5 School Board Advocacy Tips for Parents and Caregivers

ByJulie Rawe

Your local school board makes many decisions that can affect your child’s education. That includes approving the school district’s budget and allocating state funding for things like teacher training. Parents and caregivers can influence these decisions by speaking up. Use these tips to get started.

1. Find out what your school board meetings are like.

Try to go to a board meeting or two so you can see how the meetings are structured. You can also sign up for the board’s email list. School boards have to post the agenda for each meeting, and knowing which topics will be discussed can help you get ready to speak.

2. Look for an ally on the board.

Before you raise an issue at a board meeting, try to find a board member who’s especially interested in things like engaging parents or meeting students’ needs. (One way to do this is to read news stories about board elections or meetings.) Most districts post each member’s contact information online.

3. Look for other parents to join you in speaking up.

Seek out local parents and caregivers whose kids have similar challenges. Encourage them to join you in speaking up about a particular issue. Here are some groups that could help you find supportive parents:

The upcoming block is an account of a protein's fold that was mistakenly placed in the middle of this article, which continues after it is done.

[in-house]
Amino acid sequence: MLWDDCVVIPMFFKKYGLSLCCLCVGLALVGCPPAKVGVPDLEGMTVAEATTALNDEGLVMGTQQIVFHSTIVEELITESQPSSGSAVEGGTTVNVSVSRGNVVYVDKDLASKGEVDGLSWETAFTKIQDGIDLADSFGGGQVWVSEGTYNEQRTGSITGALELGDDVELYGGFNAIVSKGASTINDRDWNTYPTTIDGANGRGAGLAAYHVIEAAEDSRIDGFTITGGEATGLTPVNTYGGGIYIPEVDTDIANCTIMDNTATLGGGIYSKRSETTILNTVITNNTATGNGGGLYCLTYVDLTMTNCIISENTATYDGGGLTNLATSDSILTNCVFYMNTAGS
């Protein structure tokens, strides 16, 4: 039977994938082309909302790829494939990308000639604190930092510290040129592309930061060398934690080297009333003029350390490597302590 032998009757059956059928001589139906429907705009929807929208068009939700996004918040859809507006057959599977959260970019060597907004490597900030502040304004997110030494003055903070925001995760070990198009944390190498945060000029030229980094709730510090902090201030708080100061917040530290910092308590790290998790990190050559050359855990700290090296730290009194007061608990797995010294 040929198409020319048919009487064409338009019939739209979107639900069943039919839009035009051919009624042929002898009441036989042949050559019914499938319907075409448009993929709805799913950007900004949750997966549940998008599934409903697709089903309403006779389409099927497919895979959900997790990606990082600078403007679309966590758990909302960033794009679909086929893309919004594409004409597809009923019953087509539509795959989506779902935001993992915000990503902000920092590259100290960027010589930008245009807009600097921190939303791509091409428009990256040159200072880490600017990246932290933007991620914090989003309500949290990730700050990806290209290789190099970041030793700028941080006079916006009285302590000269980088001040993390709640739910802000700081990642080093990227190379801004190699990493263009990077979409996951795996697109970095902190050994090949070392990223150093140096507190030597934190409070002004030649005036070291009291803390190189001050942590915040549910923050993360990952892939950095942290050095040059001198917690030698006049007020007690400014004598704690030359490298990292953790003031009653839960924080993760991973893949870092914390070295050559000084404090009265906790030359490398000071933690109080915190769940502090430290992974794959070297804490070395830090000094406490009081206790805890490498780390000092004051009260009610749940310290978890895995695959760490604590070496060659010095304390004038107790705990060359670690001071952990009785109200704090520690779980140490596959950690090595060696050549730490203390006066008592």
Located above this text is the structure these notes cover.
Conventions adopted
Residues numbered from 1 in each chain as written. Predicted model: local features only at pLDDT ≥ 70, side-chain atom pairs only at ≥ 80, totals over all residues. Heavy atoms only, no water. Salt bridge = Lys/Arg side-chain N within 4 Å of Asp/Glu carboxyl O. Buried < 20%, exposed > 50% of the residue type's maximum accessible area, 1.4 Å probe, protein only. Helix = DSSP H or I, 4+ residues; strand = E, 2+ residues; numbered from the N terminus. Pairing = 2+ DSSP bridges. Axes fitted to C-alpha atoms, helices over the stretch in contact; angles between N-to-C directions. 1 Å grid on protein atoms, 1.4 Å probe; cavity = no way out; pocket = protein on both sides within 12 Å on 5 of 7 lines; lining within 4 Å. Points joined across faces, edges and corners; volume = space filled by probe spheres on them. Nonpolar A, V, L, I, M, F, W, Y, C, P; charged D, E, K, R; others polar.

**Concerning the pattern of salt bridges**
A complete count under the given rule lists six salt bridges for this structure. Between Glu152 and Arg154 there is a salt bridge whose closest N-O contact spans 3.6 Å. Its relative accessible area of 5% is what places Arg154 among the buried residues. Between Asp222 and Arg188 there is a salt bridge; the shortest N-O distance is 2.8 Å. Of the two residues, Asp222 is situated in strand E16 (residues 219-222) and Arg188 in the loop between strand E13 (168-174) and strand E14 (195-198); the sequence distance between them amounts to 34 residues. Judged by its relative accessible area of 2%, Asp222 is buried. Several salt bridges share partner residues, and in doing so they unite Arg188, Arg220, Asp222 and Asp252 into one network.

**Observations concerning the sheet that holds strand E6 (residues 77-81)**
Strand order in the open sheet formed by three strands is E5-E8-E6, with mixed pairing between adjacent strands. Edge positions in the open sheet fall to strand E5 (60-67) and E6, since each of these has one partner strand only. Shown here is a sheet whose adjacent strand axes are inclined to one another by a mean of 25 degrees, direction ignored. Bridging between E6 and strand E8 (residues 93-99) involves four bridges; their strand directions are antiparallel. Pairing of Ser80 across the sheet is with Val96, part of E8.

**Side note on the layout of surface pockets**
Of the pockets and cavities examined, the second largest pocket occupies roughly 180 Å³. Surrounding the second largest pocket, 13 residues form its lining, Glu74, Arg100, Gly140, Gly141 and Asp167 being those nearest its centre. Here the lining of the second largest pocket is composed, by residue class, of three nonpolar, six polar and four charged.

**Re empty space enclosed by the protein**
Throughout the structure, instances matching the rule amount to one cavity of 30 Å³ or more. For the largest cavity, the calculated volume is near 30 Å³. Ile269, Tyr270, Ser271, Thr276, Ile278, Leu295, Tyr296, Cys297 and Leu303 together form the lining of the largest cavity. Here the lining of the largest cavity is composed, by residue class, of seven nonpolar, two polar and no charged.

• Your district’s special education parent committee (often called SEPAC, SECAC, or SEPTA)
  • Local dyslexia support groups
  • Parent organizations like your school’s PTA or PTO and neighborhood or cultural groups

The secure Understood Community may have more ideas on how to find parents in your area.

4. Reach out to a local teachers’ group.

Many schools encourage teachers to develop professional learning communities (PLCs). These groups help teachers collaborate and learn from each other. PLCs are often interested in efforts to get more resources or training to help teachers better support their students.

5. Prepare your remarks.

Find out how long you’ll get to speak at the meeting, and practice your remarks using a timer. Bring the issue to life by talking about your child. It’s also good to try to include a statistic on how many kids are affected. One helpful source of stats is NCLD’s 2017 State of Learning Disabilities report.

If you know others who are planning to speak, you can work together to make sure you cover key points. Let the board know if anyone needs an interpreter or needs board materials translated.

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    About the author

    About the author

    Julie Rawe is the special projects editor at Understood.

    Reviewed by

    Reviewed by

    Lindsay Jones, JD is chief executive officer of the National Center for Learning Disabilities (NCLD).